in the UK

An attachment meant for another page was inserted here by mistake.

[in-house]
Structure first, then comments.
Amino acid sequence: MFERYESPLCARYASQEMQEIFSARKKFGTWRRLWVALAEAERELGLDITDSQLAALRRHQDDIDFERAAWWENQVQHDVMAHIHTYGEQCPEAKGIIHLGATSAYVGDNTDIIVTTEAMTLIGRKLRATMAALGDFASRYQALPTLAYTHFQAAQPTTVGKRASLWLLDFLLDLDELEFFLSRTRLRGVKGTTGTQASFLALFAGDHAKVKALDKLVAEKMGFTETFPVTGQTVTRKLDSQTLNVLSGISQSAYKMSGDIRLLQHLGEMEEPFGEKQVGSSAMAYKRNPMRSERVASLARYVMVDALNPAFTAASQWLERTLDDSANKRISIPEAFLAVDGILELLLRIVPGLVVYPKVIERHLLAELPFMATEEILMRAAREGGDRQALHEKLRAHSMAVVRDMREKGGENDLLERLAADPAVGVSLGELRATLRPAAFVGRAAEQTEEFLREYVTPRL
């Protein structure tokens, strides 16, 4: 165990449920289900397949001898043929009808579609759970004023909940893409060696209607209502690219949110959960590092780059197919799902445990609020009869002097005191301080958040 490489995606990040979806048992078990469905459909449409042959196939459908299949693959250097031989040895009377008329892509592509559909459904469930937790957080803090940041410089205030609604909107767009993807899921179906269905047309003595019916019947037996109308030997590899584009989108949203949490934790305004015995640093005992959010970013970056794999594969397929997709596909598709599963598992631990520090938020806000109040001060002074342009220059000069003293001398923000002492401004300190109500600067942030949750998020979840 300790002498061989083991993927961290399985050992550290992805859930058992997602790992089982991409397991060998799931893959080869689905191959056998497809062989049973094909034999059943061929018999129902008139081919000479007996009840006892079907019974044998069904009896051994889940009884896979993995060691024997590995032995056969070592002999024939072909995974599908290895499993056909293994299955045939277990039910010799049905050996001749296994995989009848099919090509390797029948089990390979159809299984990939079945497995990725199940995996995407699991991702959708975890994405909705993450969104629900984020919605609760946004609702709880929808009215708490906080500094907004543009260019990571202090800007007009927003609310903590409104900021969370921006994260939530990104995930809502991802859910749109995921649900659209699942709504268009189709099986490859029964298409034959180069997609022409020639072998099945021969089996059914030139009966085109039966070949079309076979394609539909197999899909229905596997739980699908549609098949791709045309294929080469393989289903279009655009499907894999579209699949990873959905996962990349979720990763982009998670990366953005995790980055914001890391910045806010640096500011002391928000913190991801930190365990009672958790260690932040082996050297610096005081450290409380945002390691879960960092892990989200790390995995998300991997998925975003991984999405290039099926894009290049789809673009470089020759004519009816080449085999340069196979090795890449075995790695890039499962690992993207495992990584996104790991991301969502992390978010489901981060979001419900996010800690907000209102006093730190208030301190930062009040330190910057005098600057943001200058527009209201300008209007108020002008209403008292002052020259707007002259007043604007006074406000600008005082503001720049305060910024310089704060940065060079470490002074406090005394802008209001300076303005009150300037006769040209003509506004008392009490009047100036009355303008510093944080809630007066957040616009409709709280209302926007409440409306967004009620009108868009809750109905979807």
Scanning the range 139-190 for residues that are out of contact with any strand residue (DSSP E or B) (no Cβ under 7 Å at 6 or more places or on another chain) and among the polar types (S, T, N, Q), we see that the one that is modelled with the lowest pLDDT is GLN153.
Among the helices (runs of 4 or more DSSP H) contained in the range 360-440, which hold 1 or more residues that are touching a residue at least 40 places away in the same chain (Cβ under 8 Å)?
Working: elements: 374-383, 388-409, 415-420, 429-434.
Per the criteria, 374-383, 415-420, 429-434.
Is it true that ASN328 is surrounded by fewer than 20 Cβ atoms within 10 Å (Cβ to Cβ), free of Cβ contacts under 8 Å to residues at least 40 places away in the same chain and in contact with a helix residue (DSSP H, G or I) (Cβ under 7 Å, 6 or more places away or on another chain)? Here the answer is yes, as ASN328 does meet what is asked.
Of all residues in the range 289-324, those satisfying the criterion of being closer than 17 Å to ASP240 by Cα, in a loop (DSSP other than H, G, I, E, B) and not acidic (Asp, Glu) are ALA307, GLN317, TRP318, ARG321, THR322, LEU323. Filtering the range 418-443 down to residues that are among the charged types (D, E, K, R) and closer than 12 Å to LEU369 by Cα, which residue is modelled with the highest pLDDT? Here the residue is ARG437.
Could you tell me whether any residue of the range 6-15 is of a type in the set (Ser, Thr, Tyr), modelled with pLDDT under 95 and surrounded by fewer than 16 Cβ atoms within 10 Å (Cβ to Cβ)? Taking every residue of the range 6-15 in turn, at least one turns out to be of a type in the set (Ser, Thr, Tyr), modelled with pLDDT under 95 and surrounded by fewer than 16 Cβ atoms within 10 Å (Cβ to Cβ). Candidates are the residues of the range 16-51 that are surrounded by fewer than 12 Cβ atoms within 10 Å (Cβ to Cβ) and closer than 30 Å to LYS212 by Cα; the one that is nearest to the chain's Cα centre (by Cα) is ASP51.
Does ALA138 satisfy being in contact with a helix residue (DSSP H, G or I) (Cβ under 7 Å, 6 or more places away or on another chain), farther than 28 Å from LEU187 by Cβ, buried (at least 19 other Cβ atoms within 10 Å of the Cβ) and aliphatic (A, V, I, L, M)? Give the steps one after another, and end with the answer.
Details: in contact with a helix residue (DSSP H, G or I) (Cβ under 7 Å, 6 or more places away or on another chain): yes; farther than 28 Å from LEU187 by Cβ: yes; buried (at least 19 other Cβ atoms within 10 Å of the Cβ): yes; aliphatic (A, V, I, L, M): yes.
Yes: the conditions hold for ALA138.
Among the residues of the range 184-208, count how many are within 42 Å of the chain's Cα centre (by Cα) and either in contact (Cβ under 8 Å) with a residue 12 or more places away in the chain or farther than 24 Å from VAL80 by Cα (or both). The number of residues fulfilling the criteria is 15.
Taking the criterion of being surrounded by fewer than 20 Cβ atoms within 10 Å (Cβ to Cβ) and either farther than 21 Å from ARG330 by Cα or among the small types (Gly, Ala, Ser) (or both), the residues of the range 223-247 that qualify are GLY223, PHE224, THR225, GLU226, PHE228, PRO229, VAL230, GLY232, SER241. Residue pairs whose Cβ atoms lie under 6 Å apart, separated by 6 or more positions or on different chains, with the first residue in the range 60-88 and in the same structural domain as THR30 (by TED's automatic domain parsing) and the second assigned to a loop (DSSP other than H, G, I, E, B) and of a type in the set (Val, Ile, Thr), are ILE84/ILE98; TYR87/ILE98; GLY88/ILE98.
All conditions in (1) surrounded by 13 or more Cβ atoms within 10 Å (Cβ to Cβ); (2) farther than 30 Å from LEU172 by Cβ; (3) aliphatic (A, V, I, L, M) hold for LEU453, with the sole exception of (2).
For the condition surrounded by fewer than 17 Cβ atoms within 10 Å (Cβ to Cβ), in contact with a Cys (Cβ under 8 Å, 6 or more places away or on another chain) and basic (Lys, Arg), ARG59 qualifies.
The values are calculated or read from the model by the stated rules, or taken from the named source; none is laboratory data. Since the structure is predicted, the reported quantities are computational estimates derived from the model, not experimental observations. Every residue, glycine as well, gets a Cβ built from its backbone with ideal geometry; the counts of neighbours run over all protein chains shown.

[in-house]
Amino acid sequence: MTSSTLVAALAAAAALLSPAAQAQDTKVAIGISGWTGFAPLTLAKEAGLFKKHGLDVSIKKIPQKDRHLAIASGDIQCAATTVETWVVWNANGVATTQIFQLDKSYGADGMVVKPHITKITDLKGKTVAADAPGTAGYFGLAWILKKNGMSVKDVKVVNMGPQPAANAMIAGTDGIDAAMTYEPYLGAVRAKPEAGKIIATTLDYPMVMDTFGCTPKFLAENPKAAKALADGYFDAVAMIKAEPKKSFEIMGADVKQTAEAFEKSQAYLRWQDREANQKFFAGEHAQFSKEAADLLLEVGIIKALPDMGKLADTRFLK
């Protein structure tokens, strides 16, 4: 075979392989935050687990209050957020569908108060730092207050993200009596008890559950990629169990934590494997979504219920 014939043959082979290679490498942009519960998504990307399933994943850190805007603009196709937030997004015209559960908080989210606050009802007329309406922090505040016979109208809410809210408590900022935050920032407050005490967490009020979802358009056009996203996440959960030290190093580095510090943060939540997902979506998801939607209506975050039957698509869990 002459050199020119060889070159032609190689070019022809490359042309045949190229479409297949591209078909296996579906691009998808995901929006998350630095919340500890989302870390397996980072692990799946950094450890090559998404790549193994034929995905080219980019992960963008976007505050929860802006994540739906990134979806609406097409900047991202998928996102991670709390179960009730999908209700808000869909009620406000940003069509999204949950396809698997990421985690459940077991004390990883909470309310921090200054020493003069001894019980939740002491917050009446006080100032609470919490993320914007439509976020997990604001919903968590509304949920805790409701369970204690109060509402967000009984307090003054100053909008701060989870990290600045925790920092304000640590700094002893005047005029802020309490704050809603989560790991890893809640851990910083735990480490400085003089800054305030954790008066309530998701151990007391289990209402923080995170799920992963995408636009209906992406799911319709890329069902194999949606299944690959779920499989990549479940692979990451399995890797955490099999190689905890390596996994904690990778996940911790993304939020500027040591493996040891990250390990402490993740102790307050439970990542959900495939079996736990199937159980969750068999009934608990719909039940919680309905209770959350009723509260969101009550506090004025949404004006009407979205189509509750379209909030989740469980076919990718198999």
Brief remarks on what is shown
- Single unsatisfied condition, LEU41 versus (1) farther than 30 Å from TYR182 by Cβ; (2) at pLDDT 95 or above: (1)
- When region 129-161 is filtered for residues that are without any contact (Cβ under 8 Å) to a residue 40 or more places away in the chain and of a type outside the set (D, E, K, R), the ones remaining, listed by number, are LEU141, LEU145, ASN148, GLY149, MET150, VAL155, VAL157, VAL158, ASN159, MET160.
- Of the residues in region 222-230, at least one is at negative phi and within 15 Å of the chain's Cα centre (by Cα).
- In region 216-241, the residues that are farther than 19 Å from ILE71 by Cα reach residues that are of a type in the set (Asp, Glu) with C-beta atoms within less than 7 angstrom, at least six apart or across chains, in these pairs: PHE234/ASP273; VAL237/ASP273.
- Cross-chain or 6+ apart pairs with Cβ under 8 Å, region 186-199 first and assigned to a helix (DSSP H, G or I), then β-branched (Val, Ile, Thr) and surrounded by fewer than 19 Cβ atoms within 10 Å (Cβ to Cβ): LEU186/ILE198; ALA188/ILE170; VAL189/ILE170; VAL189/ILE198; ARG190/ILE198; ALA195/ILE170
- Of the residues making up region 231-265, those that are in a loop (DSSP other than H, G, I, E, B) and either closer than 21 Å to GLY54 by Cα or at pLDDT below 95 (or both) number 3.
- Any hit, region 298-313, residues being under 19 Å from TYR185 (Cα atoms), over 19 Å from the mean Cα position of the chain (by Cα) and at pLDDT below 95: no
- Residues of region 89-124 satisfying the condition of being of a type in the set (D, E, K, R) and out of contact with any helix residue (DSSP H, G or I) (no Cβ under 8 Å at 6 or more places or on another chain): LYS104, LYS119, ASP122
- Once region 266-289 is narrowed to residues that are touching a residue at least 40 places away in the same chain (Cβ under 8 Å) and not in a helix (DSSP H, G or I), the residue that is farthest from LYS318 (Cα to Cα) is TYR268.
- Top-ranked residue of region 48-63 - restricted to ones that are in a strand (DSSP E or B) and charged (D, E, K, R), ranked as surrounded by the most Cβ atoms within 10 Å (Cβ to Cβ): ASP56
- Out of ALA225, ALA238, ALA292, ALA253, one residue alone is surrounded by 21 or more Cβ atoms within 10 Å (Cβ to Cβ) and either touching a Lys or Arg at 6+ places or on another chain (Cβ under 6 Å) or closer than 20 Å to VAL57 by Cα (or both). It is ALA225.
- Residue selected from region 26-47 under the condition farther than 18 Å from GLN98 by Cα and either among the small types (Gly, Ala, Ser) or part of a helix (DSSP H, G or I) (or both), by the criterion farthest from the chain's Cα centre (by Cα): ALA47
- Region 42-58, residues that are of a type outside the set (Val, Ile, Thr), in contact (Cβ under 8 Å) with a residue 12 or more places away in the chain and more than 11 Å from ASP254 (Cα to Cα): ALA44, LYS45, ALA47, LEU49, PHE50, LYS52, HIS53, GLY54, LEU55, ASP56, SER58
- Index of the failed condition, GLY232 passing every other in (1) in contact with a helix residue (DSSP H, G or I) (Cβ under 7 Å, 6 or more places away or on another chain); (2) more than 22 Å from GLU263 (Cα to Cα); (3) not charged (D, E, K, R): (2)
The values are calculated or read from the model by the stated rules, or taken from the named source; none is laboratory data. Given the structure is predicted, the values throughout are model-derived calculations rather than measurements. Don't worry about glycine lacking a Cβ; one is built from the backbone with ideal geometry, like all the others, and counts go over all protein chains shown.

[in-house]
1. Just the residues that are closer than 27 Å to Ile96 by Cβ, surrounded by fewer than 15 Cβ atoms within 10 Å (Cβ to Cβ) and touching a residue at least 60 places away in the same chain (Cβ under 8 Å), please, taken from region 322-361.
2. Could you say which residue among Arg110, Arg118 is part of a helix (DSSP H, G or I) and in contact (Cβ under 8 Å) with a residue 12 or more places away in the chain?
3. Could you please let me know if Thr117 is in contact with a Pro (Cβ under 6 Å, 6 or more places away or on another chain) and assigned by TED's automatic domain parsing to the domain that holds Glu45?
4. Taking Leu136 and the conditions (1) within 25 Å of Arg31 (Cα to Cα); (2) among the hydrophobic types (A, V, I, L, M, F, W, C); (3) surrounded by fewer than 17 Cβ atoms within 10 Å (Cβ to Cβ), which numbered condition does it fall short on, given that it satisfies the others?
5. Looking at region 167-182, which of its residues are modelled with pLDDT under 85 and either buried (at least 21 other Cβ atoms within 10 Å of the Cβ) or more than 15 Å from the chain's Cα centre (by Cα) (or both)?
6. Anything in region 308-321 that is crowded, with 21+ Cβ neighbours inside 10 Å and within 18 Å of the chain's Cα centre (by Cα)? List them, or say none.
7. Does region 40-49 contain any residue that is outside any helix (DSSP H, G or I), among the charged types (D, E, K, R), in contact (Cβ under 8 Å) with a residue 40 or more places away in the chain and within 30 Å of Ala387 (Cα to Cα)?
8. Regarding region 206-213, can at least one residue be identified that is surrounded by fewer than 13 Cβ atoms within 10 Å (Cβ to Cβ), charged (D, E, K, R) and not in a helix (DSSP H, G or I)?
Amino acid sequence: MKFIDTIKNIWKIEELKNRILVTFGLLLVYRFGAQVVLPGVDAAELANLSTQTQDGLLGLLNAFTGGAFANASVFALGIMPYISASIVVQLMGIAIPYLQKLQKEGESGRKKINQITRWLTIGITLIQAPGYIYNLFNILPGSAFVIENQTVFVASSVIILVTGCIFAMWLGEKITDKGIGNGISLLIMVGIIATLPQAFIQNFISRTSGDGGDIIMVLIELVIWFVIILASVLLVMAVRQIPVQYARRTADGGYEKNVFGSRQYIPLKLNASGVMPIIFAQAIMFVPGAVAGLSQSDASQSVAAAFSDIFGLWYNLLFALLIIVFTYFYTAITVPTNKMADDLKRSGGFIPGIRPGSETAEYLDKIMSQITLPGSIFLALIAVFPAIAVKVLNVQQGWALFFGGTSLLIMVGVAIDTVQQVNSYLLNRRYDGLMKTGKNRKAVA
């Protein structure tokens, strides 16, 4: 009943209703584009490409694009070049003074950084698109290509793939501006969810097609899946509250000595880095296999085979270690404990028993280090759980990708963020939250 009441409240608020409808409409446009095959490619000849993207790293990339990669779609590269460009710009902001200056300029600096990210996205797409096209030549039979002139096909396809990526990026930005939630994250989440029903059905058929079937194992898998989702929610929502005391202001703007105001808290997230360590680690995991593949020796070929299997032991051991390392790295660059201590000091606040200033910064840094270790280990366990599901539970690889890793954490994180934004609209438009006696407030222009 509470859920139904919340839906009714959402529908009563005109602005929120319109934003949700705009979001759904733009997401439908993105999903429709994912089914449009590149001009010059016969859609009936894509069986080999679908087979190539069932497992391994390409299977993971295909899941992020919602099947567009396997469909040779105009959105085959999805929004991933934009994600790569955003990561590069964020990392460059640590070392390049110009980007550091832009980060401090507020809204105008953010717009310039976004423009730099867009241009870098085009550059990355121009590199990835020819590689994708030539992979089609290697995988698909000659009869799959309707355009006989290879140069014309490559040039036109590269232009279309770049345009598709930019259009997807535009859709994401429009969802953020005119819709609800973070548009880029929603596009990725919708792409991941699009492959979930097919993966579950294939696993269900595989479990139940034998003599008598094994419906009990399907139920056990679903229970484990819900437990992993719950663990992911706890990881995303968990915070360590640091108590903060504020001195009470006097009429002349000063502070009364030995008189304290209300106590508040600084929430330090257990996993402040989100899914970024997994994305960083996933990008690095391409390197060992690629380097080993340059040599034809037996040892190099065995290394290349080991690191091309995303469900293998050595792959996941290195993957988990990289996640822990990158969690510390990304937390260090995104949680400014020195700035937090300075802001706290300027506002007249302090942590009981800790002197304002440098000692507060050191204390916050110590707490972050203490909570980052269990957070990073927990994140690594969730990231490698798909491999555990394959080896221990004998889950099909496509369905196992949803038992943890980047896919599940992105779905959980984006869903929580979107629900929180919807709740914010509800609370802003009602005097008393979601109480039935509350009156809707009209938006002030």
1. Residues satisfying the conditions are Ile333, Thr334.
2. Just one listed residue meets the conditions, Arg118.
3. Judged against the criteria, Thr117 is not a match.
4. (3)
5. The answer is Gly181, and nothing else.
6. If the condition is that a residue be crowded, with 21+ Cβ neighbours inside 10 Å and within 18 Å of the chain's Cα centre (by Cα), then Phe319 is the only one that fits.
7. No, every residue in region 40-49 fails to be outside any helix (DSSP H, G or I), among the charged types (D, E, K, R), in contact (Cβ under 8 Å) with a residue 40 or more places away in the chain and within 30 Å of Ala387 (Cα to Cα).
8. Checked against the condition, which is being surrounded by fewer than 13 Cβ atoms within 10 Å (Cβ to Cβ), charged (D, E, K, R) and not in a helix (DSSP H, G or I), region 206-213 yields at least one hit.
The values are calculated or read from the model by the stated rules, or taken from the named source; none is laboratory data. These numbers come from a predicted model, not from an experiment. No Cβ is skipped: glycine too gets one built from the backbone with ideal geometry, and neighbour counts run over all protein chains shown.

African Diaspora Identities provides insights into the complex transnational processes involved in shaping the migratory identities of African immigrants. It seeks to understand the durability of these African transnational migrant identities and their impact on inter-minority group relationships. John A. Arthur demonstrates that the identities African immigrants construct often transcends country-specific cultures and normative belief systems. He illuminates the fact that these transnational migrant identities are an amalgamation of multiple identities formed in varied social transnational settings. The United States has become a site for the cultural formations, manifestations, and contestations of the newer identities that these immigrants seek to depict in cross-cultural and global settings. Relying mostly on their strong human capital resources (education and family), Africans are devising creative, encompassing, and robust ways to position and reposition their new identities. In combining their African cultural forms and identities with new roles, norms, and beliefs that they imbibe in the United States and everywhere else they have settled, Africans are redefining what it means to be black in a race-, ethnicity-, and color-conscious American society.
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